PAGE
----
Recently, I saw an episode of Restaurant Impossible that reaffirmed an important lesson about managing: everyone wants their boss to trust them, and there’s nothing like delegation to show trust. When trust isn’t present, it can crush an employee’s spirit … and organizational performance, right along with it.
On the Food Network show, Restaurant Impossible, chef Robert Irvine works with once-thriving and now-floundering restaurants to turn them around (in 48 hours or less!). Each episode features innumerable business lessons about failing to listen to customers, slowly degrading quality standards, and not keeping up with industry trends—and the stories are often heart-breaking (i.e., owners who have put their lives into an establishment, only to see their dreams slip away slowly day after day as business declines and debts mount).
This particular episode told the story of a once-successful family steakhouse that had lost its way—with the husband-and-wife ownership team working more and more hours and seeing fewer and fewer customers. Chef Irvine helped the husband see that his need for control was one of the central problems in the operation. Example: He spent hours each day portioning out the meat into 8 ounce filets, 12 ounce chops, etc. When asked why he couldn’t have his chefs do this as part of their daily routine, he replied: “Because I have to do it.” When asked how long his chefs had been with him, I was stunned by his answer: “25 years each.”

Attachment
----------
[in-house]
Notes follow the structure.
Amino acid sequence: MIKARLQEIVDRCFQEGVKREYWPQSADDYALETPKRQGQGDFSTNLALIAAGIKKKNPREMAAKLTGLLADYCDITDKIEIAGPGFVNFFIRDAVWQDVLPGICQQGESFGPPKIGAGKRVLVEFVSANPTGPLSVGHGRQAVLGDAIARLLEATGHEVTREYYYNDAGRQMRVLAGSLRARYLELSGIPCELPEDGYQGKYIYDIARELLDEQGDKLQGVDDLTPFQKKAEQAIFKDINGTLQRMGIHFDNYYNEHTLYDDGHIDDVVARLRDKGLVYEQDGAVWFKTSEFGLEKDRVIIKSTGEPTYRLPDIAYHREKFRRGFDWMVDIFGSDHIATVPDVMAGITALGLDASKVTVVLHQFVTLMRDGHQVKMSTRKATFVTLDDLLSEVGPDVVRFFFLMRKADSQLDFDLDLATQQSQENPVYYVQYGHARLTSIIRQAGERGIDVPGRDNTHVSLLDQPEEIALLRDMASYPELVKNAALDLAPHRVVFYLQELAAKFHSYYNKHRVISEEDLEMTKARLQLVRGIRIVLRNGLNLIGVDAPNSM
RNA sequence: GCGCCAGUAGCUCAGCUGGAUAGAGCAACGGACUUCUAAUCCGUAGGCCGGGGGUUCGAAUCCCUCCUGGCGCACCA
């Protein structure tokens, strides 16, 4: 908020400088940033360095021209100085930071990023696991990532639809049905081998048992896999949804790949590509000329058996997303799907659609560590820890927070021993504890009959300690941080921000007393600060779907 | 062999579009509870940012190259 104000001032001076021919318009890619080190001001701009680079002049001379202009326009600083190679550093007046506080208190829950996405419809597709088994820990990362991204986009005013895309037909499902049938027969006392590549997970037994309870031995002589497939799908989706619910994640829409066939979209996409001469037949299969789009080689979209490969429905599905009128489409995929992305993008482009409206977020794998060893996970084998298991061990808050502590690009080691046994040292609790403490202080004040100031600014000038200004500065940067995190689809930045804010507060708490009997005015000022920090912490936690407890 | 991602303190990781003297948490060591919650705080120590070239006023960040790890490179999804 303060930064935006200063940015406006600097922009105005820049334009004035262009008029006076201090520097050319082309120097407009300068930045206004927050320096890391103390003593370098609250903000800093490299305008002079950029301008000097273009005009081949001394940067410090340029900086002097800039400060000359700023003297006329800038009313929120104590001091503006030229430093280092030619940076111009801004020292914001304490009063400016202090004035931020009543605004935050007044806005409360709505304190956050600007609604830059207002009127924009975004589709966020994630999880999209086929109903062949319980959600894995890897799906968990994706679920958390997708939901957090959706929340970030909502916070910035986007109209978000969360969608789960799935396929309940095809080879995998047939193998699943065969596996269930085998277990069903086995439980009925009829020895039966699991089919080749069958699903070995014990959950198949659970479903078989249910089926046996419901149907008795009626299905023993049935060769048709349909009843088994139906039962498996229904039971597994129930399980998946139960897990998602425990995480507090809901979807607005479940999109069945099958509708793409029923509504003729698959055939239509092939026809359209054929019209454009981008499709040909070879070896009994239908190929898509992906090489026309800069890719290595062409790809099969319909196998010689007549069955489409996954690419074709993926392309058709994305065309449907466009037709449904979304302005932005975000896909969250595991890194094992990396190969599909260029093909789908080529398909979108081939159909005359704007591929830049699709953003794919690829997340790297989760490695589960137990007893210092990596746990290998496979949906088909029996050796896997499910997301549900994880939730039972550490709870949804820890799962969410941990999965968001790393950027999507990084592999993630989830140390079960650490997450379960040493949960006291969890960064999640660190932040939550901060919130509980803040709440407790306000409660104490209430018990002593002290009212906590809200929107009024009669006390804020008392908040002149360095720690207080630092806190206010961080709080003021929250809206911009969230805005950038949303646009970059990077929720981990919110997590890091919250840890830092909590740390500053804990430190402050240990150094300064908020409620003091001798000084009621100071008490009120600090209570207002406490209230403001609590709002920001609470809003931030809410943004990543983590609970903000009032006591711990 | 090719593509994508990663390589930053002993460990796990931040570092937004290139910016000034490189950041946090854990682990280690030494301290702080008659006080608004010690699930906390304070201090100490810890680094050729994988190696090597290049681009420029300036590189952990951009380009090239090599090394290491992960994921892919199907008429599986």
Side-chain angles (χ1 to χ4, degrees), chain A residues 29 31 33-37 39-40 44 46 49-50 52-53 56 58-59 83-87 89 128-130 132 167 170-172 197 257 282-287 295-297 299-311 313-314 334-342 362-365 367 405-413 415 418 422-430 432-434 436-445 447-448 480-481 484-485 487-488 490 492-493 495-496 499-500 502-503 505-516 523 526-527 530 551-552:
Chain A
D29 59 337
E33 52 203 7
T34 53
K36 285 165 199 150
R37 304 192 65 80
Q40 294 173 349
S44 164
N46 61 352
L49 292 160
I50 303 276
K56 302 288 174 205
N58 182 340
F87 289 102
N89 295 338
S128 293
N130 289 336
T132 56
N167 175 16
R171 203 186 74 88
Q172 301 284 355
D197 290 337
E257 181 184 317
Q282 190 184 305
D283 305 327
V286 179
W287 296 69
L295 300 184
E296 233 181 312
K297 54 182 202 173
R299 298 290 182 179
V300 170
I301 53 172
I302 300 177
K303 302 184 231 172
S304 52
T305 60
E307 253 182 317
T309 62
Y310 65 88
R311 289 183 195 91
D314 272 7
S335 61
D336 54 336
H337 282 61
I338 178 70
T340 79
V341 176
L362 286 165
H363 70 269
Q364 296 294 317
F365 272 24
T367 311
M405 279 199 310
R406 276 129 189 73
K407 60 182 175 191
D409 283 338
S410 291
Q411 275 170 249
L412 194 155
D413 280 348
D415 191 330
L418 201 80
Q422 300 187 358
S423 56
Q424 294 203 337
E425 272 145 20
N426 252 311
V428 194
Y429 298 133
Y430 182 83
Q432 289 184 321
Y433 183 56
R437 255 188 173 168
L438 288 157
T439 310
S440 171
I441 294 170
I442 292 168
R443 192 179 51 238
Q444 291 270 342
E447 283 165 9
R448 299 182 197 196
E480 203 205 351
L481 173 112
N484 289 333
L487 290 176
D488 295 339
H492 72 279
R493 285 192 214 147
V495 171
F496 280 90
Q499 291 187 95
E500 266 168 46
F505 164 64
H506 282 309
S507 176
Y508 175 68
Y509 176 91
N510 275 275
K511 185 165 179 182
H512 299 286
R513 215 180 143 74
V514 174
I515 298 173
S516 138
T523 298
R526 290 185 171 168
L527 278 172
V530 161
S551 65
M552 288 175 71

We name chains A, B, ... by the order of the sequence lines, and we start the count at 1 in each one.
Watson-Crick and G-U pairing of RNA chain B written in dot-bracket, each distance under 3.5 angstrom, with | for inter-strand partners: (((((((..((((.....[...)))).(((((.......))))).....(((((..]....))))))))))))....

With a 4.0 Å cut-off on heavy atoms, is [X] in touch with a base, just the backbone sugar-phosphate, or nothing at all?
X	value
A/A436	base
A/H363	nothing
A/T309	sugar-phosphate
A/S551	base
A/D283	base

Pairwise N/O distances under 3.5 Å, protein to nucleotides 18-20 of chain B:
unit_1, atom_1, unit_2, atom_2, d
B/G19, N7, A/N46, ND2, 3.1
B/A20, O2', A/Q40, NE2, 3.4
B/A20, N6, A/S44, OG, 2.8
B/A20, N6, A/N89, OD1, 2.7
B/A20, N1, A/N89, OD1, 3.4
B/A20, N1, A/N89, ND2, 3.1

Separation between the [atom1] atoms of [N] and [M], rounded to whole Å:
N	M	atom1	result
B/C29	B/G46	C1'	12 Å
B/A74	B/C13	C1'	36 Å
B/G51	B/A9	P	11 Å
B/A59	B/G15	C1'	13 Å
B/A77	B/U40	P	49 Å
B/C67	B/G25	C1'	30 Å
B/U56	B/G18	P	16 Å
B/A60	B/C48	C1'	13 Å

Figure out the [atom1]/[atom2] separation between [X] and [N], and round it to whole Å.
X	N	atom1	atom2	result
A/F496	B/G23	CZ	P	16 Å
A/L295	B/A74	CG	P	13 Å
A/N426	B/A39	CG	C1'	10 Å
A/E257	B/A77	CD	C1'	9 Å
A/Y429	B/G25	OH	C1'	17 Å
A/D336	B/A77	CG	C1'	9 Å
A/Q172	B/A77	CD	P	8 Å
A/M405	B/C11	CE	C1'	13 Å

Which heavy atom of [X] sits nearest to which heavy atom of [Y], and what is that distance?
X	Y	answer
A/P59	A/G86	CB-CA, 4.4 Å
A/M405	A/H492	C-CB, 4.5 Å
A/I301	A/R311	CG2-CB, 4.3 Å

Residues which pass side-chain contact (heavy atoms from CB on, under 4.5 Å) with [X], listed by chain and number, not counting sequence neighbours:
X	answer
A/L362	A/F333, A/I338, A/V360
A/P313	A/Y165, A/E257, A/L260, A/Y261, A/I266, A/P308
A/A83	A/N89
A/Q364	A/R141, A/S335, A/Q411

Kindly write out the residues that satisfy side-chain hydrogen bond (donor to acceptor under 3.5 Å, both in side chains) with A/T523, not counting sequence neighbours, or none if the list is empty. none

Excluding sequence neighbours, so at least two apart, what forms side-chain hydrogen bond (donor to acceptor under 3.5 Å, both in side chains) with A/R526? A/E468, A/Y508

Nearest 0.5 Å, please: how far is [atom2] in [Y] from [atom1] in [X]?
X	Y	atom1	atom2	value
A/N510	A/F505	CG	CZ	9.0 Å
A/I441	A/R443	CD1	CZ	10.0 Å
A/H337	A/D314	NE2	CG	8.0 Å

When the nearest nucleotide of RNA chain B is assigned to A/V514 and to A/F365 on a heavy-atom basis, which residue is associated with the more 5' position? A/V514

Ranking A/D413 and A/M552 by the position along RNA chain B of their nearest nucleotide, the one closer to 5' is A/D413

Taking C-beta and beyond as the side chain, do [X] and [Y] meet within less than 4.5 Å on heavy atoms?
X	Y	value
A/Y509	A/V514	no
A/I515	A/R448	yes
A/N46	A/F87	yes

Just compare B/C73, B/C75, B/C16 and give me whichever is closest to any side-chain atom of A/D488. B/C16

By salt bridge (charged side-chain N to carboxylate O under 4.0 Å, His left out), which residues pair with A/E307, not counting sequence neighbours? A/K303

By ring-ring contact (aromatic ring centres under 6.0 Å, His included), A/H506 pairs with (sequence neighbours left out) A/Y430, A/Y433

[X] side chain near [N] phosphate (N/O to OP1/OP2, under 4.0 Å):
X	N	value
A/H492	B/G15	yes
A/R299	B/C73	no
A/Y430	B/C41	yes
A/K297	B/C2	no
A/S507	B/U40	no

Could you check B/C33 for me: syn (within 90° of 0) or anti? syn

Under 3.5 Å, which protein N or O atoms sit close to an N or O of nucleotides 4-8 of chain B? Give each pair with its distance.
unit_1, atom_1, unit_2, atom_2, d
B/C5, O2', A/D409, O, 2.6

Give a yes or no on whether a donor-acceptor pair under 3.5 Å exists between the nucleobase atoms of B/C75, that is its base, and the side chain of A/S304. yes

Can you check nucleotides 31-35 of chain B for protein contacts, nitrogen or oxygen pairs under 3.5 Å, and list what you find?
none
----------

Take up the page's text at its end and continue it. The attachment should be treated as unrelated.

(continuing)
25 years and he didn’t even trust his chefs to trim meat. Not surprisingly, they Continue reading